States across the country, including New Jersey, continue to legalize medical marijuana, but it remains an illegal substance under federal law, and employers’ confusion continues to bud. The complication that employers have – especially in states such as New Jersey with expansive disability protections under the New Jersey Law Against Discrimination (“NJLAD”) – is that any employee who is using marijuana for a medicinal purpose under the New Jersey Compassionate Use Medical Marijuana Act (“NJCUMMA”), likely would be considered to have a disability and thus be protected under the NJLAD.
One way an employer can be considered under NJLAD to have discriminated against a disabled individual is by failing to offer him/her a reasonable accommodation. While the NJCUMMA explicitly states that a reasonable accommodation would not include allowing an employee to use marijuana at work, the statute is not so blunt on the topic of workplace drug testing. Does NJLAD require that employers accommodate a medical marijuana user by waiving the requirement that he/she pass a drug test for federally-prohibited narcotics? Issuing a dose of relief to employers who feared that NJCUMMA would set their drug test requirements ablaze, a New Jersey federal judge recently ruled that the answer is no.
In Cotto v. Ardagh Glass Packing, Inc., et al., the plaintiff worked for about 5 years as a forklift operator for a glass packaging company. In 2016, he injured his head on the job and was placed on light duty work. He was subsequently asked to take a drug test before returning to work as a condition of continued employment. He informed his employer that he would test positive for medical marijuana, which he was legally prescribed to treat a neck and back injury that occurred in 2007. Seeking an accommodation, the plaintiff requested that his employer waive the requirement that he pass a drug test for marijuana. Apparently, the plaintiff had told the employer upon hire that he was prescribed medical marijuana. After his employer refused to waive the requirement that he pass a drug test before returning to work, he sued for disability discrimination based on a failure to accommodate.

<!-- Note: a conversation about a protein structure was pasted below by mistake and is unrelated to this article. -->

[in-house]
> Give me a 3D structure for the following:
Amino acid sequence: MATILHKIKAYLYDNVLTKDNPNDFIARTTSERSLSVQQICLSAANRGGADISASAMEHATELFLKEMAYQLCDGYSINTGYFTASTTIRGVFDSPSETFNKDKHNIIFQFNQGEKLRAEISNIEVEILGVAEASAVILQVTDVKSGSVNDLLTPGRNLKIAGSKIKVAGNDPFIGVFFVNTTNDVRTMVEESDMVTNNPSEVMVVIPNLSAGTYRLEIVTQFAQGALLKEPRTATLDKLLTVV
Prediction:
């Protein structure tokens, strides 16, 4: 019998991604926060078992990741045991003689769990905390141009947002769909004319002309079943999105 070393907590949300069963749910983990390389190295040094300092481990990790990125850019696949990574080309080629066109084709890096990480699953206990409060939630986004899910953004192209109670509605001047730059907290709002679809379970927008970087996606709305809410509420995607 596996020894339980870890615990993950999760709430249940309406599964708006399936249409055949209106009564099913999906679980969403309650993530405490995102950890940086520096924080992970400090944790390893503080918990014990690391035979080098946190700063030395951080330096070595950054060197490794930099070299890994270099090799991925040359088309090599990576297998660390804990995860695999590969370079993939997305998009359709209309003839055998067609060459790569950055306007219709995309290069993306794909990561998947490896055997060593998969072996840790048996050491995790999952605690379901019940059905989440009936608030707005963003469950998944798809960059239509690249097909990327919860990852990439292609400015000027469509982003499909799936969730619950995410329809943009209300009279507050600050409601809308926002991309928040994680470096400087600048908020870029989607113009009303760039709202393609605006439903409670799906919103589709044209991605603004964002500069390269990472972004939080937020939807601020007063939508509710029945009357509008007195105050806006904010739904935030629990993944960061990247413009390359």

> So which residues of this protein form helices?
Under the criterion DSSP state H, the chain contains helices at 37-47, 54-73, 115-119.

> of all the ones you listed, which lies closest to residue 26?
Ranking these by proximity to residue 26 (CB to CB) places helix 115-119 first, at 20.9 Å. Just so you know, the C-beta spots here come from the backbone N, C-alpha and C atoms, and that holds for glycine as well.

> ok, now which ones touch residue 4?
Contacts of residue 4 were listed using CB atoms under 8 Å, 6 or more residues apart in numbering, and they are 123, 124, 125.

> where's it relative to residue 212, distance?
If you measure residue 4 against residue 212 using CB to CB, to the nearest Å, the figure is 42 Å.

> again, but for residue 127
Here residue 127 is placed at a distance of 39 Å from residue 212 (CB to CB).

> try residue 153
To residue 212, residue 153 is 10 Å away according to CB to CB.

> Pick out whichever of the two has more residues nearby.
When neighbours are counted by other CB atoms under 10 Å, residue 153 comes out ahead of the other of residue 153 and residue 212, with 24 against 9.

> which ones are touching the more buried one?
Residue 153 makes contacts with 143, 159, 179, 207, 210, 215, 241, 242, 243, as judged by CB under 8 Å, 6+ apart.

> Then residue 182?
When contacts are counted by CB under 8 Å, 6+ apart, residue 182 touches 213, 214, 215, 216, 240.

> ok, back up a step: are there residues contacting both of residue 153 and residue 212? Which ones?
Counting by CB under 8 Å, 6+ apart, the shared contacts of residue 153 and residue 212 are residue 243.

Judge Robert B. Kugler of the U.S. District Court for the District of New Jersey held that the NJCUMMA does not require an employer to waive its requirement that employees pass a drug test for illegal drugs. Addressing the issue as one of first impression in New Jersey, Judge Kugler relied on the current federal prohibition on marijuana. He also relied on the express language of the NJCUMMA, which provides that legal medical marijuana users shall not be subject to criminal or civil penalties related to their use of the drug, but expressly excludes employers from its scope, as follows: “Nothing in this act shall be construed to require . . . an employer to accommodate the medical use of marijuana in any workplace.” N.J.S.A. § 24:6I-14. Judge Kugler also observed that most courts outside New Jersey have concluded that, unless their state statute’s language explicitly provides otherwise, the decriminalization of medical marijuana does not shield employees from adverse employment actions related to their use of the drug.